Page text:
The first Bnei Akiva chapter for Bnei Menashe

The first Bnei Akiva chapter for Bnei Menashe

The Bnei Akiva ‘Hamenashe’ chapter in Nof HaGalil has only about 40 kids so far, but as a new chapter less than three months old – every kid is a huge achievement. When the kids and the counselors, and even the person in charge are among the Bnei Menashe community, this special brand-new chapter is like no other. And as the kids posted on their Sukkot trip: “From India to Israel – Zionism 2022”.

The branch is managed by Tsofia Singson, who immigrated from India to Israel by herself about eight years ago. She describes the reality in India: “I am the second daughter out of eight brothers, there is a brother above me. As a child I was born [halachically] Jewish because my parents converted before they got married. We did all the holidays and Shabbats, my father would go to the synagogue every time and pray there alone, because there were not many Jews in our village. We celebrated Purim, Hanukkah, we felt that we were not gentiles but Jews.

“The Gentiles treated us differently, mockingly called us ‘Shabbat keepers’. When I was little my uncle, my father’s brother, immigrated to Israel and helped us learn how to behave on Shabbat and holidays. From Israel he would guide us on how to behave.” The family immigrated from India and settled in Safed, where Tzofia’s two younger brothers were born.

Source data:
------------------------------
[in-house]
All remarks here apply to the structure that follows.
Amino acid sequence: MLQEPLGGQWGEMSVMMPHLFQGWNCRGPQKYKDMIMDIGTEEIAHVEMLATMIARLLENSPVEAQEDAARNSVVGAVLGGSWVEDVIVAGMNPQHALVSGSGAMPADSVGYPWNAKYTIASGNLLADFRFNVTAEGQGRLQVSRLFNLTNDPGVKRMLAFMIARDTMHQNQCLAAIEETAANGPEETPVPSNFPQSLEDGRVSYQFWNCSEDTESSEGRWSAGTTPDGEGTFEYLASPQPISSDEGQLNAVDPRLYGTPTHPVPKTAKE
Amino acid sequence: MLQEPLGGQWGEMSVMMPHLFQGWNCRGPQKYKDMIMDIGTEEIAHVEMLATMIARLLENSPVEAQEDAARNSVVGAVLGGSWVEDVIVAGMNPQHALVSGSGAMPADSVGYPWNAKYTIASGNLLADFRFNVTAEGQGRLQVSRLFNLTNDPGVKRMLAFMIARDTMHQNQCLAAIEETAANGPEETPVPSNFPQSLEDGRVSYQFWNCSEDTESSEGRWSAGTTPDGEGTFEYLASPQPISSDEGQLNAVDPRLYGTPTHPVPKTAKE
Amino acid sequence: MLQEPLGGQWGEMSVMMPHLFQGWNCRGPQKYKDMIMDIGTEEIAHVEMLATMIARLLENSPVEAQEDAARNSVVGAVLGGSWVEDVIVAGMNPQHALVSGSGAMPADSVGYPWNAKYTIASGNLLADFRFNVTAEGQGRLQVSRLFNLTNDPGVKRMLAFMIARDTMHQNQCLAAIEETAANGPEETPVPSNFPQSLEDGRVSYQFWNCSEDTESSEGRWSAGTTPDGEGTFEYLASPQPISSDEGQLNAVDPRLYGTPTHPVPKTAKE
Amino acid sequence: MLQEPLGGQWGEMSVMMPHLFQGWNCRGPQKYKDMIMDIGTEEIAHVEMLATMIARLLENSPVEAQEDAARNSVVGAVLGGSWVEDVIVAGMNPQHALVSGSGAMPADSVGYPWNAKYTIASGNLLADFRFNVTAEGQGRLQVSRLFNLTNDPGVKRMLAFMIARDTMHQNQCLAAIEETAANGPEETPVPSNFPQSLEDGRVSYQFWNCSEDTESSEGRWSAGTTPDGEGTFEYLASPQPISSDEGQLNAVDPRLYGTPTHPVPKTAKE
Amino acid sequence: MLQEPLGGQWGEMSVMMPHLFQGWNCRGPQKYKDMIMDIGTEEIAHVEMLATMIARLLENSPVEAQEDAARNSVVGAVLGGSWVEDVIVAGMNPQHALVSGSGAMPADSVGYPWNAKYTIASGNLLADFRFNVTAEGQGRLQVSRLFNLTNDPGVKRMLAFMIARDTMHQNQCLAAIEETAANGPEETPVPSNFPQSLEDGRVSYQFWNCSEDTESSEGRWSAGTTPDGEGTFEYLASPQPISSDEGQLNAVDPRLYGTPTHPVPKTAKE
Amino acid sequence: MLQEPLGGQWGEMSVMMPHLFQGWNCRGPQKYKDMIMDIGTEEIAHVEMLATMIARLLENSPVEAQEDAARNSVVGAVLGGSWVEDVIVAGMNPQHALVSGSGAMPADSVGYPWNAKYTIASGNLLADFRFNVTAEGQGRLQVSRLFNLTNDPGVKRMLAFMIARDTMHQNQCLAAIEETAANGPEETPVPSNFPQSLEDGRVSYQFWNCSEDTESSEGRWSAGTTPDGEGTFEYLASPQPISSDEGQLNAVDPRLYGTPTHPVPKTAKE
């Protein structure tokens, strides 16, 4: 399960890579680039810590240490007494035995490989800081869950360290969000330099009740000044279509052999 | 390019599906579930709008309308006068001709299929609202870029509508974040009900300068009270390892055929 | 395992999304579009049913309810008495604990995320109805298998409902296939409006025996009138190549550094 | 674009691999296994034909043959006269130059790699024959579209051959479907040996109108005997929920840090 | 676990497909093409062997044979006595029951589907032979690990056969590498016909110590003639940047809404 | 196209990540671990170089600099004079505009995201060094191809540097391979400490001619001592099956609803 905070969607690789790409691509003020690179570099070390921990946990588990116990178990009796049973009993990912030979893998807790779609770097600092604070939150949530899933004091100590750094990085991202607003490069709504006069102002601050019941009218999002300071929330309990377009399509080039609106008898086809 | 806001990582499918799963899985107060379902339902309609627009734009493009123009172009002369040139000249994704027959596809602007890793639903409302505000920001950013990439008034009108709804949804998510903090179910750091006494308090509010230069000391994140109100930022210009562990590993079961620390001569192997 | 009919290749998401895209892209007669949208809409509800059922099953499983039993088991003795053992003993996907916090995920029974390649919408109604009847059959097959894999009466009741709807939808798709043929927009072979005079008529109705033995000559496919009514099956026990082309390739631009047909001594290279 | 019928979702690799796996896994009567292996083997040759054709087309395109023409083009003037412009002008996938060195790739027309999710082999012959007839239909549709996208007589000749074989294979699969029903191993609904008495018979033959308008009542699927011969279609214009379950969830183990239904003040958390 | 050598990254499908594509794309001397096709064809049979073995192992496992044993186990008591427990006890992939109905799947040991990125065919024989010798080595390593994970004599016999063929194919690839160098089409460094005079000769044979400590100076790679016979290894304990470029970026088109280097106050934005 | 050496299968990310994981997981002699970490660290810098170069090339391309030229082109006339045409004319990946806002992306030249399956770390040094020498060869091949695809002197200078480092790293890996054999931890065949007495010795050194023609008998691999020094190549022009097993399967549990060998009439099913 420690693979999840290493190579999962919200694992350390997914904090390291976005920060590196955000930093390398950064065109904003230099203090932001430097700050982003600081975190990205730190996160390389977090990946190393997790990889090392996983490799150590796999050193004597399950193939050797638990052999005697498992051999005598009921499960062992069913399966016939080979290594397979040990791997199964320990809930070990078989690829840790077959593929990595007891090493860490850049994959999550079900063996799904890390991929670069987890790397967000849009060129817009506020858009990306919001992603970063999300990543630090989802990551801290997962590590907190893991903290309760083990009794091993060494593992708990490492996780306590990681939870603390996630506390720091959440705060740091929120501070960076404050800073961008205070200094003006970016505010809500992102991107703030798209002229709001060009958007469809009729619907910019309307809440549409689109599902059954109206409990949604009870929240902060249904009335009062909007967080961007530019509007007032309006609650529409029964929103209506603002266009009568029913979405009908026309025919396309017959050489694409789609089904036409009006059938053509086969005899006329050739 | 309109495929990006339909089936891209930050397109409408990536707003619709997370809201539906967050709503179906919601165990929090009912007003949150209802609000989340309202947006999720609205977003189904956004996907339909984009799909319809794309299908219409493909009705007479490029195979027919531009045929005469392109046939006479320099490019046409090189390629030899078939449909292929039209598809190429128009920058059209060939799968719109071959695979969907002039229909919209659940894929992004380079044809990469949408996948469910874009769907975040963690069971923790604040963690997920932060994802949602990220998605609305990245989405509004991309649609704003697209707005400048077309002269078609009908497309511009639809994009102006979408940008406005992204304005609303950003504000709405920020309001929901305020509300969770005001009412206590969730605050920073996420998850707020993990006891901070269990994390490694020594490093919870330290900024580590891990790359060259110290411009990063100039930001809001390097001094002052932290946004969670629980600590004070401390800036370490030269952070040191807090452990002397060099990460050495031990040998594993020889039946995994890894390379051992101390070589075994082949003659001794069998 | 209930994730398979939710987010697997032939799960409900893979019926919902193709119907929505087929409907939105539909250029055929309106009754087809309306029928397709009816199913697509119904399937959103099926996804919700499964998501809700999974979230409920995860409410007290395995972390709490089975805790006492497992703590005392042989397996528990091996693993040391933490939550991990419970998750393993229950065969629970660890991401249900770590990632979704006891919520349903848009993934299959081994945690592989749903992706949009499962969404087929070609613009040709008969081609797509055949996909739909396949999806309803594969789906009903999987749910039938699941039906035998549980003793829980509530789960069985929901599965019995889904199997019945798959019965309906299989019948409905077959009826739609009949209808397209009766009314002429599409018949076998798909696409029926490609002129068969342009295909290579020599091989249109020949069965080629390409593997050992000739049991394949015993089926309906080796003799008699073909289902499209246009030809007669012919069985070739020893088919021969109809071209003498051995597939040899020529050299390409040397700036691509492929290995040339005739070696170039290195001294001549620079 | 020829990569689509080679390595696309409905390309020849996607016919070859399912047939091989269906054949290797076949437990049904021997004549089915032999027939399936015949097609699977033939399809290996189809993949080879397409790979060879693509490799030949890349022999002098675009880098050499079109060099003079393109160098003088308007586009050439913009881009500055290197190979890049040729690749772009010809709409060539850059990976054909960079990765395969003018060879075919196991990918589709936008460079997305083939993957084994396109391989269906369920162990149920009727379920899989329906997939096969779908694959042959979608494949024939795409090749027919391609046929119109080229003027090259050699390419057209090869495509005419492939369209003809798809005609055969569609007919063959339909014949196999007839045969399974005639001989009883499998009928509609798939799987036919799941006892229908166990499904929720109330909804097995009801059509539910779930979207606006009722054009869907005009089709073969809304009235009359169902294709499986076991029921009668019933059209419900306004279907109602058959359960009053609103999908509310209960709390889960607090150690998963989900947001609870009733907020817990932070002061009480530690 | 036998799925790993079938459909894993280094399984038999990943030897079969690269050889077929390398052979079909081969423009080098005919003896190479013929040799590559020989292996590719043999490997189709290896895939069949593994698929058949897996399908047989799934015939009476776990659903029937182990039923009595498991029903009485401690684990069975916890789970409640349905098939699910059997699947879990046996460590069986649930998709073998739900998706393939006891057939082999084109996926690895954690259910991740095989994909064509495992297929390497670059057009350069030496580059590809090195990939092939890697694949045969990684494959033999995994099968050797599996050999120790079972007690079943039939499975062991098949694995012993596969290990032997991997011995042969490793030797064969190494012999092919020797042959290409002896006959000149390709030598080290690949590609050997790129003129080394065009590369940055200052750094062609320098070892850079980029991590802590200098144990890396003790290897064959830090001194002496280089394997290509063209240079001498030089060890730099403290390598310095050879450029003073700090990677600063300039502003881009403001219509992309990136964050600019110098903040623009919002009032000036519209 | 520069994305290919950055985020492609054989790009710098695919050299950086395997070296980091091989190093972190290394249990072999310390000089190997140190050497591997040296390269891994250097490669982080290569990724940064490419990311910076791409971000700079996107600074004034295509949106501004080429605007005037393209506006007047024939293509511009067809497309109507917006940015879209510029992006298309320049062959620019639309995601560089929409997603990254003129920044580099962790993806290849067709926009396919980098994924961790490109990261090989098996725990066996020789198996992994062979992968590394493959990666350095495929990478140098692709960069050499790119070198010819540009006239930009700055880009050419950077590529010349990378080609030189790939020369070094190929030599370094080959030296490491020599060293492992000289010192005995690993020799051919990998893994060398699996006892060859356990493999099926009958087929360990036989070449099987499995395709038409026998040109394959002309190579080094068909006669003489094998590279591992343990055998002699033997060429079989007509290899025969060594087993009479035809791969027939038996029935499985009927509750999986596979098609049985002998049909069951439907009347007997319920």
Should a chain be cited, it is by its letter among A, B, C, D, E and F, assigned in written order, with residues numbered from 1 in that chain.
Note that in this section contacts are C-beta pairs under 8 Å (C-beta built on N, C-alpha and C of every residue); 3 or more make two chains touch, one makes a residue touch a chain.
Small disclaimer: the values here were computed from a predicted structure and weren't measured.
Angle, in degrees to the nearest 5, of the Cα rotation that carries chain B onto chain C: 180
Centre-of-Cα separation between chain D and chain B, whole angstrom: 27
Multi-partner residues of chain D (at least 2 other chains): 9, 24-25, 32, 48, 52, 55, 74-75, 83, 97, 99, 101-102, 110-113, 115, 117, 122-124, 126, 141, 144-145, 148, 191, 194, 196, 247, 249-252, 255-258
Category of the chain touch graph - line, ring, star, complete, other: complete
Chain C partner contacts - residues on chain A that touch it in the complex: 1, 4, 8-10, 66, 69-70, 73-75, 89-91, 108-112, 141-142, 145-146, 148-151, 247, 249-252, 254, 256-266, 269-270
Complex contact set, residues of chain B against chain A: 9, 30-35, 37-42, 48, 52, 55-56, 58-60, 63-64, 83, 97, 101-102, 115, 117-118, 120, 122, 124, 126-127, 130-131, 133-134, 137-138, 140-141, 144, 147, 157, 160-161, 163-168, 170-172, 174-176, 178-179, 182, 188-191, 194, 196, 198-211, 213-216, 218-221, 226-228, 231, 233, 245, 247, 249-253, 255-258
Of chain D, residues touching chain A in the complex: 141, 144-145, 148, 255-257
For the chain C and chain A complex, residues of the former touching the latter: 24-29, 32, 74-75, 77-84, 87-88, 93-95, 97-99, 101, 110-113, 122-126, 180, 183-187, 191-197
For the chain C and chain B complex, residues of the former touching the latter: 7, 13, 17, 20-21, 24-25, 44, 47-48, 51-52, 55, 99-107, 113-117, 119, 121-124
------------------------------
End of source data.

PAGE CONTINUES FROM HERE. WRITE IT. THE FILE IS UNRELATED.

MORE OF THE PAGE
Tzofia tells about the beginning of her relationship with Bnei Akiva: “In the beginning, after we arrived, Bnei Akiva invited us to join. It only worked for a few weeks, because of the language problems and because of the difficulty of connecting – we didn’t know anyone. They were very nice, but it didn’t suit the immigrants. There was no one we knew, there was no one who could speak our language.’

Tzofia studied at the Bnei Akiva Segulah Studio in Kiryat Motzkin, and when the studio was looking for a local woman to manage the ‘Chodesh Irgun’ (big Bnei Akiva project, and the busiest month of the year for the organization) for female student immigrants – she volunteered, and her friends chose her. However, despite the experience, Tzofia planned a different National Service.

“At the end of school,” Tzofia explained, “Moti Yogev, who is responsible for the immigrants in Nof Hagalil came to me and asked me to become the Bnei Akiva leader. I told him I would think about it. At first I wanted to do other national service, not in our community. But I thought about it again, I went on a tour of schools in the Galilee, I saw the immigrants and it changed my mind. I chose to do service there, I went to a seminary for national service, followed by a week of seminary to learn how to be the youth leader.”

Original article (in Hebrew) appeared here.

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